SEC After Seattle Digital OOH Firm, Alleging $2M+ Fraud
December 8, 2017 by Dave Haynes
A Seattle-area public company that does digital OOH advertising is in deep trouble with the U.S. Securities and Exchange Commission, with two of its senior executives with stealing more than $2 million from investors.
Digi Outdoor Media Inc.’s former chief executive officer, Donald MacCord Jr., and chief financial officer Shannon Doyle raised nearly $4.5 million in promissory notes, says the SEC’s complaint filed in U.S. District Court in Seattle, by claiming they would use investor money to construct and install digital signs for commercial advertising around Washington, D.C. Instead, the complaint alleges that MacCord and Doyle secretly diverted millions of dollars of investor money for their own personal use, including MacCord’s luxury cars, $20,000 per month rent on a Southern California mansion, nanny and housekeeping services, and private school tuition for his children, while Doyle diverted several hundred thousand dollars to his other unrelated businesses.
The complaint goes on:
MacCord and Doyle tried to hide their theft by creating fake invoices and sham loans to justify the money they took. They then encouraged investors to convert their promissory notes to common stock, provided forged leases to Digi’s independent auditor, and filed false financial statements with the SEC in an attempt to take the company public rather than pay off their outstanding debt to their investors.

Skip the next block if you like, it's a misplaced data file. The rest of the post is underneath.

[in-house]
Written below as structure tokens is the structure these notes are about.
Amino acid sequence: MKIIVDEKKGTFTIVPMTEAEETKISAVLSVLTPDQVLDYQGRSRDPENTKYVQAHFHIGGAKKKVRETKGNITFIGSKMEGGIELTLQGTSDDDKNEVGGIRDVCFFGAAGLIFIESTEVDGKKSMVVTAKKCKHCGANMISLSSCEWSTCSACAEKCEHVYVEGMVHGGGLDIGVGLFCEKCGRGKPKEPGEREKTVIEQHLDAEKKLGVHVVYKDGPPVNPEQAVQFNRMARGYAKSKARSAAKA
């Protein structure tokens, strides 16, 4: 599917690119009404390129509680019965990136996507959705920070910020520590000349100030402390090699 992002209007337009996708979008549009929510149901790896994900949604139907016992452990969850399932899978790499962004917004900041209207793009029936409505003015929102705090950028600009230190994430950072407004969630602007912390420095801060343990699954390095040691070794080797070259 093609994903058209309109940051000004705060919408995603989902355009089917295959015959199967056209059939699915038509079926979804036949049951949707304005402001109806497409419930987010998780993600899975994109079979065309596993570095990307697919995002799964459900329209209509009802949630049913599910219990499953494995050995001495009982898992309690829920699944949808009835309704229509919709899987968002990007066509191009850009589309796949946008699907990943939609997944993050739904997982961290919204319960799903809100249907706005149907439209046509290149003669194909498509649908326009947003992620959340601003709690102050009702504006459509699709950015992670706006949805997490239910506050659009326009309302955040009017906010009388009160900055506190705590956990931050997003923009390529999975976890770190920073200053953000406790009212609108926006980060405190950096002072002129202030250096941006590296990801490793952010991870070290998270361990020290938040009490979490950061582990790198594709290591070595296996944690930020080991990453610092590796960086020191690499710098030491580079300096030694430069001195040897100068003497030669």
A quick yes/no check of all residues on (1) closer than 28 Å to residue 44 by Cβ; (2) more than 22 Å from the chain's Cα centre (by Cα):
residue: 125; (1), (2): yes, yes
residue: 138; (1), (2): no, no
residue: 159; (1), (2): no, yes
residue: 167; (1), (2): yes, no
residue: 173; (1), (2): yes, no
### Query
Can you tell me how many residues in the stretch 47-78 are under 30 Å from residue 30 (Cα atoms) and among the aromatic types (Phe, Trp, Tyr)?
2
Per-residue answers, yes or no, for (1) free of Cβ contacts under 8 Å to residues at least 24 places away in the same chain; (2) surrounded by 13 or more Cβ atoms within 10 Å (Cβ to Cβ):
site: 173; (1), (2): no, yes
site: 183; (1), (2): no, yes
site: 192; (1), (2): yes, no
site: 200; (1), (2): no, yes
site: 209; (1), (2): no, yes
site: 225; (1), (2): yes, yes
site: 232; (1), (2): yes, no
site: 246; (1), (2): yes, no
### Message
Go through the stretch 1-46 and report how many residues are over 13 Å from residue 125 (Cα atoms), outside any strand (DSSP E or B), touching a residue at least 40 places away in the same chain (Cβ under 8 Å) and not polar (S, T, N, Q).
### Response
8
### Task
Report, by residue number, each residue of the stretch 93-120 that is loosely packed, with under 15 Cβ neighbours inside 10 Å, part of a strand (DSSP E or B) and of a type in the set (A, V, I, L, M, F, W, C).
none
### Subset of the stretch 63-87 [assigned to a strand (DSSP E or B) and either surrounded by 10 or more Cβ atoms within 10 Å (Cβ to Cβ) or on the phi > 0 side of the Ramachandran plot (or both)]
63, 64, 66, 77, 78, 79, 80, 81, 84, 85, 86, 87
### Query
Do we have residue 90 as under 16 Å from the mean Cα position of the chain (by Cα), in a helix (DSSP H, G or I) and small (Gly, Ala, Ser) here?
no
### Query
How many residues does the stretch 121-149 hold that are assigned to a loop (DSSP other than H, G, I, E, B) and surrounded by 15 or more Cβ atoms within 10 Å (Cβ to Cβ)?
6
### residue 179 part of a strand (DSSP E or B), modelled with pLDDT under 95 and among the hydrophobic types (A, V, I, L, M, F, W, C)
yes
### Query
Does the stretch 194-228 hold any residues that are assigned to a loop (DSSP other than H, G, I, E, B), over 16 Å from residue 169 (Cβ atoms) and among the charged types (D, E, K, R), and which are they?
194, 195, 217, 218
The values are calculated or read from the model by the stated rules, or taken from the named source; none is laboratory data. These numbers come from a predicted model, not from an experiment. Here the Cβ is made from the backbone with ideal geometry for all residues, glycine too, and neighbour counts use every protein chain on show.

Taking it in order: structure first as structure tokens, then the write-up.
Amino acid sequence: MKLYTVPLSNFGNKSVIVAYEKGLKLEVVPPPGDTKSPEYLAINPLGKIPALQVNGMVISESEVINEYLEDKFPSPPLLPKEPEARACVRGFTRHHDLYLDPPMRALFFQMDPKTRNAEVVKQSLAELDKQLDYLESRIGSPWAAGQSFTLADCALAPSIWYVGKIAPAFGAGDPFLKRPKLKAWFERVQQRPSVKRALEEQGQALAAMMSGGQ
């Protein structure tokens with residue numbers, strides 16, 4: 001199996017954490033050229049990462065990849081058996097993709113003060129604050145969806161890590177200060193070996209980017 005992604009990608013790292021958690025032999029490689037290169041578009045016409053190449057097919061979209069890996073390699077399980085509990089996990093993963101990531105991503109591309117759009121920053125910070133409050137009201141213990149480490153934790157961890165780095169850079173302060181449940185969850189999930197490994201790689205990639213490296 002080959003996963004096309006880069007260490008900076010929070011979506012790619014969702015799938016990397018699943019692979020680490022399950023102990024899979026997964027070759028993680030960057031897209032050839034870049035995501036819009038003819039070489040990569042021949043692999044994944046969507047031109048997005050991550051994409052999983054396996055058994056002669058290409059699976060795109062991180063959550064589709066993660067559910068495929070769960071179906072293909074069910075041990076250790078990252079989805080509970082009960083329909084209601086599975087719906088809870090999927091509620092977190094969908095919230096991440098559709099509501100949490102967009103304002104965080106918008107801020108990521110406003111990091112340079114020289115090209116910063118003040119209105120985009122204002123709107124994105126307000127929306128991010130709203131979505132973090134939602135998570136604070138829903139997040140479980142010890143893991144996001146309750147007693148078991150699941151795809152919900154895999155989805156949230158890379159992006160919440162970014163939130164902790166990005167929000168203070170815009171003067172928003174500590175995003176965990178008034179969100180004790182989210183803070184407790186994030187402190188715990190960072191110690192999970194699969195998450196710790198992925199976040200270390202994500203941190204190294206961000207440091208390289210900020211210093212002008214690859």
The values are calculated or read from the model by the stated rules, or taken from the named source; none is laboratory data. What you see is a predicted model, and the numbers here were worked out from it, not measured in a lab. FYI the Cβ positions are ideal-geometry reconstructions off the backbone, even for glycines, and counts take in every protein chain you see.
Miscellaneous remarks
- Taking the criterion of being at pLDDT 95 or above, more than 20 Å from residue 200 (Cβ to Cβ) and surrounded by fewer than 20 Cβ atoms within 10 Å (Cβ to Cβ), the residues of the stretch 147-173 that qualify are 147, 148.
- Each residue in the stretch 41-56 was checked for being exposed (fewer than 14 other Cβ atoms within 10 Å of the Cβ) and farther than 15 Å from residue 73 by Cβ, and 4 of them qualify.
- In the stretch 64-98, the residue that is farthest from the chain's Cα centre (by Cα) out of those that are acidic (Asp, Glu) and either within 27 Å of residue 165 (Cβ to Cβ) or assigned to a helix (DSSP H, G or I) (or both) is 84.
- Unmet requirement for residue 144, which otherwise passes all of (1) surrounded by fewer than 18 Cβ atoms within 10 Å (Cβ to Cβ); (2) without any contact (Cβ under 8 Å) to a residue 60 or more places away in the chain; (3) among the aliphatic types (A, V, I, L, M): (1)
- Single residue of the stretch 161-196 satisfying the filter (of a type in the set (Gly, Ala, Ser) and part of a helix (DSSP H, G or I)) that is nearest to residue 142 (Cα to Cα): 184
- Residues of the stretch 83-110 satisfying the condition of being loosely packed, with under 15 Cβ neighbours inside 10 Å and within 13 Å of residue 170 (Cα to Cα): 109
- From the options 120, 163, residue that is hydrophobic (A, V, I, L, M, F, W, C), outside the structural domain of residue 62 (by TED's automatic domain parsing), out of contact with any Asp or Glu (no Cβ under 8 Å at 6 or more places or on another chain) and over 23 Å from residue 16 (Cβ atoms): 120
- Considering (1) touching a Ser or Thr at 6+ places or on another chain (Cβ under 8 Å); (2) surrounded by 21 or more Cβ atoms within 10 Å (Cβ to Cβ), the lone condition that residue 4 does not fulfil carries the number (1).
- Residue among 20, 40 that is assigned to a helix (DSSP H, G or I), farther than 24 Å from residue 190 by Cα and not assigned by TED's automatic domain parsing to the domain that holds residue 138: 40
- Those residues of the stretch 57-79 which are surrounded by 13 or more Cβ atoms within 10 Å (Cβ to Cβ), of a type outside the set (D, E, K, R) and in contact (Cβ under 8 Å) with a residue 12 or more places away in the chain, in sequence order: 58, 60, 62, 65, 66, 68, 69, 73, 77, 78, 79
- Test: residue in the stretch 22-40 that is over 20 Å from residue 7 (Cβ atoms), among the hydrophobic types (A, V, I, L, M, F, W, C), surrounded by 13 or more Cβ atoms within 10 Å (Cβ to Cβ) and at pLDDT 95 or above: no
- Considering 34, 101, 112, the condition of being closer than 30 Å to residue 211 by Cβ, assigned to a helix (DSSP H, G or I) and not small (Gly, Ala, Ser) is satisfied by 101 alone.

“As alleged in our complaint, MacCord and Doyle went to great lengths to conceal their fraud by creating fake invoices, loans, and leases so they could use Digi as their personal piggy bank and bilk individual investors,” said Jina L. Choi, Director of the SEC’s San Francisco Regional Office.
In a separate action, the U.S. Attorney’s Office for the Northern District of California filed criminal charges against MacCord for conspiracy to commit wire fraud, submitting false writings to a government agency, obstruction of official proceedings, and destruction, alteration or falsification of records in federal investigations, and against Doyle for conspiracy to commit wire fraud and obstruction of official proceedings.
The SEC’s complaint charges MacCord, Doyle, and Digi with violations of the anti-fraud provisions of the federal securities laws and seeks disgorgement of allegedly ill-gotten monetary gains plus interest and penalties, permanent injunctions, and officer-and-director and penny stock bars.
The company’s website is a brief one-pager, which would be a red-flag for a media company. But I can’t say whether that’s what’s always been, or is now.